I am working on a code golf and attempting to write a recursive function using the tuple boolean evaluation syntax (
(a,b)[bool]). My function is as follows (with some helpful prints):
def b(A,k,n): m=len(A)/2 print "A: ", A print "m: ", m print "n: ", n print "A[m]", A[m] if A[m]==k:return m+n # return (m+n,(b(A[m:],k,m+n),b(A[:m],k,n))[A[m]<k])[A[m]!=k] return m+n if A[m]==k else (b(A[:m],k,n) if A[m]>k else b(A[m:],k,m+n))
n are the input list to search, the key, and the index in the original
A which a sublist starts at.
m is the middle entry of the list. If I search
6, I would expect to see the following output
A: [1, 2, 3, 4, 5, 6, 7] m: 3 n: 0 A[m] 4 A: [4, 5, 6, 7] m: 2 n: 3 A[m] 6
The correct output and result are produced with the non-commented return statement. However, when I attempt to use the commented return statement (which should be equivalent), I receive a recursion depth error.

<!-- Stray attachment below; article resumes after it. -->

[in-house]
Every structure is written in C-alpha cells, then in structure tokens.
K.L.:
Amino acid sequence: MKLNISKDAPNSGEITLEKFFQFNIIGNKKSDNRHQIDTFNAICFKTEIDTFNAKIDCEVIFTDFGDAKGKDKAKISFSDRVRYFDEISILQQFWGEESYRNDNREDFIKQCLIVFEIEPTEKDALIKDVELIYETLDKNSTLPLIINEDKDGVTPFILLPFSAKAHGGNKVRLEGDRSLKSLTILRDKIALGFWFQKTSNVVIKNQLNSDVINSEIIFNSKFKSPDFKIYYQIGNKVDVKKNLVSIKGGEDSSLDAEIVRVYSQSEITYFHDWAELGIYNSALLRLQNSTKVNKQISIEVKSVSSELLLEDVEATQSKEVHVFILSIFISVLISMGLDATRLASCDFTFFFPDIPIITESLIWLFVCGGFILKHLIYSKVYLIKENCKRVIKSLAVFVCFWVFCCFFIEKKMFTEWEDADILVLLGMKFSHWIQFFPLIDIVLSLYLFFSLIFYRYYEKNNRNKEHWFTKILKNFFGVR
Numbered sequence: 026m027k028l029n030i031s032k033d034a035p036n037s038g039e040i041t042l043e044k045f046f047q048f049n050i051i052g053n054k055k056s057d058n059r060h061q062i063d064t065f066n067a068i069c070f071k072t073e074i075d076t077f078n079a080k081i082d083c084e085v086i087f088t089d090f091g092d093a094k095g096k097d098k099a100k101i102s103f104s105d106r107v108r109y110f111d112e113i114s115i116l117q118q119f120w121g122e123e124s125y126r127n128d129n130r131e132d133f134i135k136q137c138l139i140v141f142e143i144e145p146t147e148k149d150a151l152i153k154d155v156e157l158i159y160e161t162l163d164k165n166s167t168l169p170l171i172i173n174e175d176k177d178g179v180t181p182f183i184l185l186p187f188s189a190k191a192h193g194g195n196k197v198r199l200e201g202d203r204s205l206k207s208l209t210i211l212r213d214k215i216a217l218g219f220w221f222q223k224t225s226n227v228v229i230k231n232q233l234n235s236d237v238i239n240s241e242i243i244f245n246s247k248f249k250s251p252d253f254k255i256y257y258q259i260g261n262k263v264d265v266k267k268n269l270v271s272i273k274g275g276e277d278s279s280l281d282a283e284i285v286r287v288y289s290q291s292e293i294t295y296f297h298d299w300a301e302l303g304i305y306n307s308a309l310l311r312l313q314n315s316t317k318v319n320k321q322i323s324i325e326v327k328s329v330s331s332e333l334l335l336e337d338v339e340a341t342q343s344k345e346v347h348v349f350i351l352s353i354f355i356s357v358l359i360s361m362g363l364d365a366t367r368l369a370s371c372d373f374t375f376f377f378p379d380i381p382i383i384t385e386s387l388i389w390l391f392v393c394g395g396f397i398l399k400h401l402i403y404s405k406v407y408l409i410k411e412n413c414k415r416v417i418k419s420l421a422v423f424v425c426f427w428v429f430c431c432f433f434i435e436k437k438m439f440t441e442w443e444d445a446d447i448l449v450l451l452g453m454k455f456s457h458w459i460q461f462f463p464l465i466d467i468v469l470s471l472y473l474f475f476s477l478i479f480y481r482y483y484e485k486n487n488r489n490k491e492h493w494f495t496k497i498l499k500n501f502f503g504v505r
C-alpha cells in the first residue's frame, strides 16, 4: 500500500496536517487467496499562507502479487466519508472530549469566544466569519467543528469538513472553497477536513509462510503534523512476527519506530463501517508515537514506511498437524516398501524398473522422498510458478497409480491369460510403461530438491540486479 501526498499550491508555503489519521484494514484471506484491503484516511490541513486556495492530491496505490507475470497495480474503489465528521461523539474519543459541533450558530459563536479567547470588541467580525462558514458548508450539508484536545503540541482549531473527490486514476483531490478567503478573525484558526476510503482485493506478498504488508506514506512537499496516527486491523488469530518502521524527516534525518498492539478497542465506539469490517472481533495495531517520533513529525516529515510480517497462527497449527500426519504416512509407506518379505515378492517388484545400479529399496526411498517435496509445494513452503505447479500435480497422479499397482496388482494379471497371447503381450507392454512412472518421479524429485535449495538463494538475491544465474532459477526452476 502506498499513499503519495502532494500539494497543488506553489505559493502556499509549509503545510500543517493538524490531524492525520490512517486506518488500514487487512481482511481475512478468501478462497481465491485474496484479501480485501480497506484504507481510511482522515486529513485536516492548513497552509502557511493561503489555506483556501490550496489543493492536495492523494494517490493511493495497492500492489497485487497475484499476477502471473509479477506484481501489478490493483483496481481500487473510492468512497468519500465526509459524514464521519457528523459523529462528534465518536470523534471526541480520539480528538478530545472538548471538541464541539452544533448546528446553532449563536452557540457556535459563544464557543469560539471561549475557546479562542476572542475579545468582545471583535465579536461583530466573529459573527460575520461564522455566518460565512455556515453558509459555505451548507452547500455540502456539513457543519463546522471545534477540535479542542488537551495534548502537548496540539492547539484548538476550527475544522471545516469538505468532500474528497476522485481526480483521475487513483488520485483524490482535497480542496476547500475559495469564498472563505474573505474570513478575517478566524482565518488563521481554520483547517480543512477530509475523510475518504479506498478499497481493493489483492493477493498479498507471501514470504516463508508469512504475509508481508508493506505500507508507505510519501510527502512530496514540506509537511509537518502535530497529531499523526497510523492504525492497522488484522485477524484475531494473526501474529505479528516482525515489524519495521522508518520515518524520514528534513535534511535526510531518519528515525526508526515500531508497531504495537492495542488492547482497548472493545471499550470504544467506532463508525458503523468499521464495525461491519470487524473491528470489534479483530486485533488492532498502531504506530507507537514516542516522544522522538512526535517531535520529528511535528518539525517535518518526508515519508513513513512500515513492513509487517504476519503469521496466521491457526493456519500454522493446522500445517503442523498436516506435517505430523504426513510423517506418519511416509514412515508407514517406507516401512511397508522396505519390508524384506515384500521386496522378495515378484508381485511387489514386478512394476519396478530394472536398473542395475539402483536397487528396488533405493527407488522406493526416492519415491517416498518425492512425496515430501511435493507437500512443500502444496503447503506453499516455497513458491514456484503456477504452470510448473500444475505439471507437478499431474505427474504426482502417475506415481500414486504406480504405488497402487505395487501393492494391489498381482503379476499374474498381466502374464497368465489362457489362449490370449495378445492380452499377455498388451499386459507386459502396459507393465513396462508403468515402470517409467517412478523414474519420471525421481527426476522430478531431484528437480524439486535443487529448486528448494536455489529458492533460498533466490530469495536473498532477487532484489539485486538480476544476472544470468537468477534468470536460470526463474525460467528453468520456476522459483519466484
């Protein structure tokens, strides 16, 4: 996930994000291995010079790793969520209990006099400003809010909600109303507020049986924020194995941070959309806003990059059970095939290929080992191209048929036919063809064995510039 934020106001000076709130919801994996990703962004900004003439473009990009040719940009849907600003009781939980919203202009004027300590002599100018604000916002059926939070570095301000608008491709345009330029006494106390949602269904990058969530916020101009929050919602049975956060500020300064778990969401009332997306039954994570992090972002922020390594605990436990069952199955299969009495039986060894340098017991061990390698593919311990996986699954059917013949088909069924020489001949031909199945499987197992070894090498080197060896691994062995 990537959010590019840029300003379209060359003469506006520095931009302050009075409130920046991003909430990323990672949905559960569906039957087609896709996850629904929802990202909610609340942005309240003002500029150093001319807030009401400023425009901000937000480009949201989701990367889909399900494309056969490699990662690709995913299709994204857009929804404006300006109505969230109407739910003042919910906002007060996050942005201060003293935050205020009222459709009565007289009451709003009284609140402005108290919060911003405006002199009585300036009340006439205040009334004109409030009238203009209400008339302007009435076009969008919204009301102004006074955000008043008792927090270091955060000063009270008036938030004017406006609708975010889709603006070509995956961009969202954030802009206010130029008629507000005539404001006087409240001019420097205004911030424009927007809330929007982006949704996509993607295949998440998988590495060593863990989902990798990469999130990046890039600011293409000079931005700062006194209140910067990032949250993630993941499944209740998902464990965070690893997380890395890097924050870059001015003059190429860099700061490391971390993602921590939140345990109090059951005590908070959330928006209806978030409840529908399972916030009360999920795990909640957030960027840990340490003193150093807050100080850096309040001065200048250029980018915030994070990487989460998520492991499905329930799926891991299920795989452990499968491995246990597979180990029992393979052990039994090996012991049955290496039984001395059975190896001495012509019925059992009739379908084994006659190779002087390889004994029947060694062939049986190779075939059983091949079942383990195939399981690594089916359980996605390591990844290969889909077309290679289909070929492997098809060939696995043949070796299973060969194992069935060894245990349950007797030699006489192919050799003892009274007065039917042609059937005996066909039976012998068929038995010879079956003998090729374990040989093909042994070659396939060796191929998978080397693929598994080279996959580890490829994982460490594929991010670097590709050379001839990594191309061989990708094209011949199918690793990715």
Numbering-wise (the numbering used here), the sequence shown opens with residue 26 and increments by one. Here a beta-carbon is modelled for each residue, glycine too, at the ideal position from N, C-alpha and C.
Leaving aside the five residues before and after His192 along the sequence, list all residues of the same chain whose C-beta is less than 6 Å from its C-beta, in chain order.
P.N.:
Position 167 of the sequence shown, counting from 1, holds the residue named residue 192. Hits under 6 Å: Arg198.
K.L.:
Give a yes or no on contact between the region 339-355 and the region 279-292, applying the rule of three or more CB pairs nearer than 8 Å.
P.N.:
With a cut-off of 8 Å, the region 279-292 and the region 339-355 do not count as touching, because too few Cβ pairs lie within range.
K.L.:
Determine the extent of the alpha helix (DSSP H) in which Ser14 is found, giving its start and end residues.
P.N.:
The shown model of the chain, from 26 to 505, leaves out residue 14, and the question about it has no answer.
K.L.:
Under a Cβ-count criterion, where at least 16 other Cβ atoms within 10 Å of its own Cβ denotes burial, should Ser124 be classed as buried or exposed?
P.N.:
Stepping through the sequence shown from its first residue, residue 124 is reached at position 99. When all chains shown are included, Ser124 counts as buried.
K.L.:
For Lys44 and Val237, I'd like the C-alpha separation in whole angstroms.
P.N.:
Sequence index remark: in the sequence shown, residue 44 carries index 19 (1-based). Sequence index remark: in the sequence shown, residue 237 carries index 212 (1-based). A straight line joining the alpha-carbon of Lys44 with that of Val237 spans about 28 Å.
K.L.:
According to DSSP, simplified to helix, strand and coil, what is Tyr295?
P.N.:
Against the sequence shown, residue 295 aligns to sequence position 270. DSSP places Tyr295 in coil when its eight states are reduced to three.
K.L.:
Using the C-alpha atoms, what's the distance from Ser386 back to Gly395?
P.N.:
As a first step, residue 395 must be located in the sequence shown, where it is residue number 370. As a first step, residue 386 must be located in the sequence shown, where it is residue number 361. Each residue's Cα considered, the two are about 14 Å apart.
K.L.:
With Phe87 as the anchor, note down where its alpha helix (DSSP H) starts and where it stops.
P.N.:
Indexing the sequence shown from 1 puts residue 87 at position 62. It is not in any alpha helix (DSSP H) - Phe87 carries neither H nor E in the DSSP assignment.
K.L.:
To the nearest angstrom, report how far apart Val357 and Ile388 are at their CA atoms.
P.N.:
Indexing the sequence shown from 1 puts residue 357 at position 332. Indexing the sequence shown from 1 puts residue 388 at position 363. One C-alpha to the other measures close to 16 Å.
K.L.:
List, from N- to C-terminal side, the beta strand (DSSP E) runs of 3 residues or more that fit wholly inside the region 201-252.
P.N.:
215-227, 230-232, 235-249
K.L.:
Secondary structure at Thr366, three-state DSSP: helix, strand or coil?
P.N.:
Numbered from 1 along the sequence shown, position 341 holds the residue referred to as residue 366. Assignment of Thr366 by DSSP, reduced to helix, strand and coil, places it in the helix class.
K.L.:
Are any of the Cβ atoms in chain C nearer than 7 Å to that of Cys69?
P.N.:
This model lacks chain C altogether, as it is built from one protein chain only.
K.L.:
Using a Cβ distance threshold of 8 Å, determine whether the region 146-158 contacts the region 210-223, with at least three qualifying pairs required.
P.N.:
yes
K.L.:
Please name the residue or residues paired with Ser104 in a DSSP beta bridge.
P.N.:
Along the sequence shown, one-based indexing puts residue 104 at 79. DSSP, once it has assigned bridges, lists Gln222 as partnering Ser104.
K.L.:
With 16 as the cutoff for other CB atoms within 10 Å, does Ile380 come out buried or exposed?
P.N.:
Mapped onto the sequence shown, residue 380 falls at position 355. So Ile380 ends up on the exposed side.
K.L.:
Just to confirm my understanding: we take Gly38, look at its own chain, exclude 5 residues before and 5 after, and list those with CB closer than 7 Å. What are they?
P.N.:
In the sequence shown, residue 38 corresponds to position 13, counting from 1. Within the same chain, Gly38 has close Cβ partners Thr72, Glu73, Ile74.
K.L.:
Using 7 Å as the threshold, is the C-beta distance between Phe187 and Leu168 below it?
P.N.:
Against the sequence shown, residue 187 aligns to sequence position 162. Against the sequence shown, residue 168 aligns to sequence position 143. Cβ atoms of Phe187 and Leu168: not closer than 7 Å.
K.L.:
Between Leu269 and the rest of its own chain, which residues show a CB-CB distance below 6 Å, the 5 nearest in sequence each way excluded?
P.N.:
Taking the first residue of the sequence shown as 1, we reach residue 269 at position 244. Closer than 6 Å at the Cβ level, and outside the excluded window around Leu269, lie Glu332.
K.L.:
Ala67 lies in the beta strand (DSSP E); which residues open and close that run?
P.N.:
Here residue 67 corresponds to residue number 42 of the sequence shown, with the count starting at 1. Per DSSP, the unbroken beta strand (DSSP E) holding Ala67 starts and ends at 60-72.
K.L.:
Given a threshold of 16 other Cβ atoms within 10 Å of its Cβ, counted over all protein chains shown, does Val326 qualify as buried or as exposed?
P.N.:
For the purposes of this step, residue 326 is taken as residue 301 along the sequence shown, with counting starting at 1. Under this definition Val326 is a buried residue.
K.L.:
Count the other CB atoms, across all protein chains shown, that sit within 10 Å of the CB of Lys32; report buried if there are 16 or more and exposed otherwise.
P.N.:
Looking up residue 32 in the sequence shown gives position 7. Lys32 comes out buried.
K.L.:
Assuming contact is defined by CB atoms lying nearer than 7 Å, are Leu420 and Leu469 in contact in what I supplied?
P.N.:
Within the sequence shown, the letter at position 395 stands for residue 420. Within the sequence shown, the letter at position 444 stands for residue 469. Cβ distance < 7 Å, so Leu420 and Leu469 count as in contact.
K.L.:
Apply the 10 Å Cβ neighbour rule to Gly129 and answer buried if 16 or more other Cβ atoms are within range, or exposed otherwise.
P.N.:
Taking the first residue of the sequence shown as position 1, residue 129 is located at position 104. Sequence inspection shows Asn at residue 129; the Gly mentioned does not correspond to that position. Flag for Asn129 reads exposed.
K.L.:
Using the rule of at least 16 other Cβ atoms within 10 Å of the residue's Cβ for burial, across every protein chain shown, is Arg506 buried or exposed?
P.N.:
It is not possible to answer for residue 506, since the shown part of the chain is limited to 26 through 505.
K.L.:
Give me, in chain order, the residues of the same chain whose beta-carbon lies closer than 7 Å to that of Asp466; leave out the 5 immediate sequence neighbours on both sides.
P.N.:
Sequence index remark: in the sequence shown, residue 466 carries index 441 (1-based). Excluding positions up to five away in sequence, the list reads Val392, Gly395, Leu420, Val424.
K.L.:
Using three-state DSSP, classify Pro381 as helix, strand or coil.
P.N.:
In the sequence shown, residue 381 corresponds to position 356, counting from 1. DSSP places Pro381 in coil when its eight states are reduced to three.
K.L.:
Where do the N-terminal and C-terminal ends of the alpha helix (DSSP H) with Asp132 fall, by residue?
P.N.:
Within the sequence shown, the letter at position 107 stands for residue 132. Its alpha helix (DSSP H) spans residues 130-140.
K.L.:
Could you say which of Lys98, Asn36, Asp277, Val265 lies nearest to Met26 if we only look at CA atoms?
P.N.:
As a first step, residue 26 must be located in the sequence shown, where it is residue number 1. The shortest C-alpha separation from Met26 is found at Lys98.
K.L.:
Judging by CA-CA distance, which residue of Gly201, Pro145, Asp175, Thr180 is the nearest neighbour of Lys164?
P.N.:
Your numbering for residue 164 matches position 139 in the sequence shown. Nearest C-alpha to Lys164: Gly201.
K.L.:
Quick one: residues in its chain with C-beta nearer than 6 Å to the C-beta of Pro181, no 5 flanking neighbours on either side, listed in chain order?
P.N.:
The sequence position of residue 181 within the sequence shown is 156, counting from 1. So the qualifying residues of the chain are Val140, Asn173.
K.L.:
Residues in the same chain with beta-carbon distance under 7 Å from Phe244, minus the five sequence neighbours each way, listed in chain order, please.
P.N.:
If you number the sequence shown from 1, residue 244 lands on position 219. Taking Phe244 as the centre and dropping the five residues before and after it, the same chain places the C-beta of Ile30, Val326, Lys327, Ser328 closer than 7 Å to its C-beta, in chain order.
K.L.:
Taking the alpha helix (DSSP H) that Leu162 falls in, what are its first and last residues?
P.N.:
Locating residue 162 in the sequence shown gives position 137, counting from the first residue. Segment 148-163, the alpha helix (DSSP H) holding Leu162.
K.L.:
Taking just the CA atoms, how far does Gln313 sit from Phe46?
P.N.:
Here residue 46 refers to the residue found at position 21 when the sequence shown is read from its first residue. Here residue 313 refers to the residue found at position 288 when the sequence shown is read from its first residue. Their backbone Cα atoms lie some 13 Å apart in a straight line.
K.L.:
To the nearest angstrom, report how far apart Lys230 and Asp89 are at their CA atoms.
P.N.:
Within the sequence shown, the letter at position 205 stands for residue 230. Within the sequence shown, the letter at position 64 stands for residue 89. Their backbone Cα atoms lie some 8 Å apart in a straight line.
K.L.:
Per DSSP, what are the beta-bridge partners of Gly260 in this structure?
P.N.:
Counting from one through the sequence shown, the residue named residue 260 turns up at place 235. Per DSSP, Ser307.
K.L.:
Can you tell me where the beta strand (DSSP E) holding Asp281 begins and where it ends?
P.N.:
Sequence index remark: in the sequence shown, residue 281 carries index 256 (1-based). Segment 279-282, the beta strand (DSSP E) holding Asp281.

Moreover, if I replace one of the recursive calls with a determinate value, then search for a value on the edge, it functions as expected. For example, searching for
[1,2,3,4,5,6,7] works correctly if my
return statement is:
"anyValue" is never returned by my conditional in this case, so why does it matter what value I put in there?
Why do these two statements evaluate differently?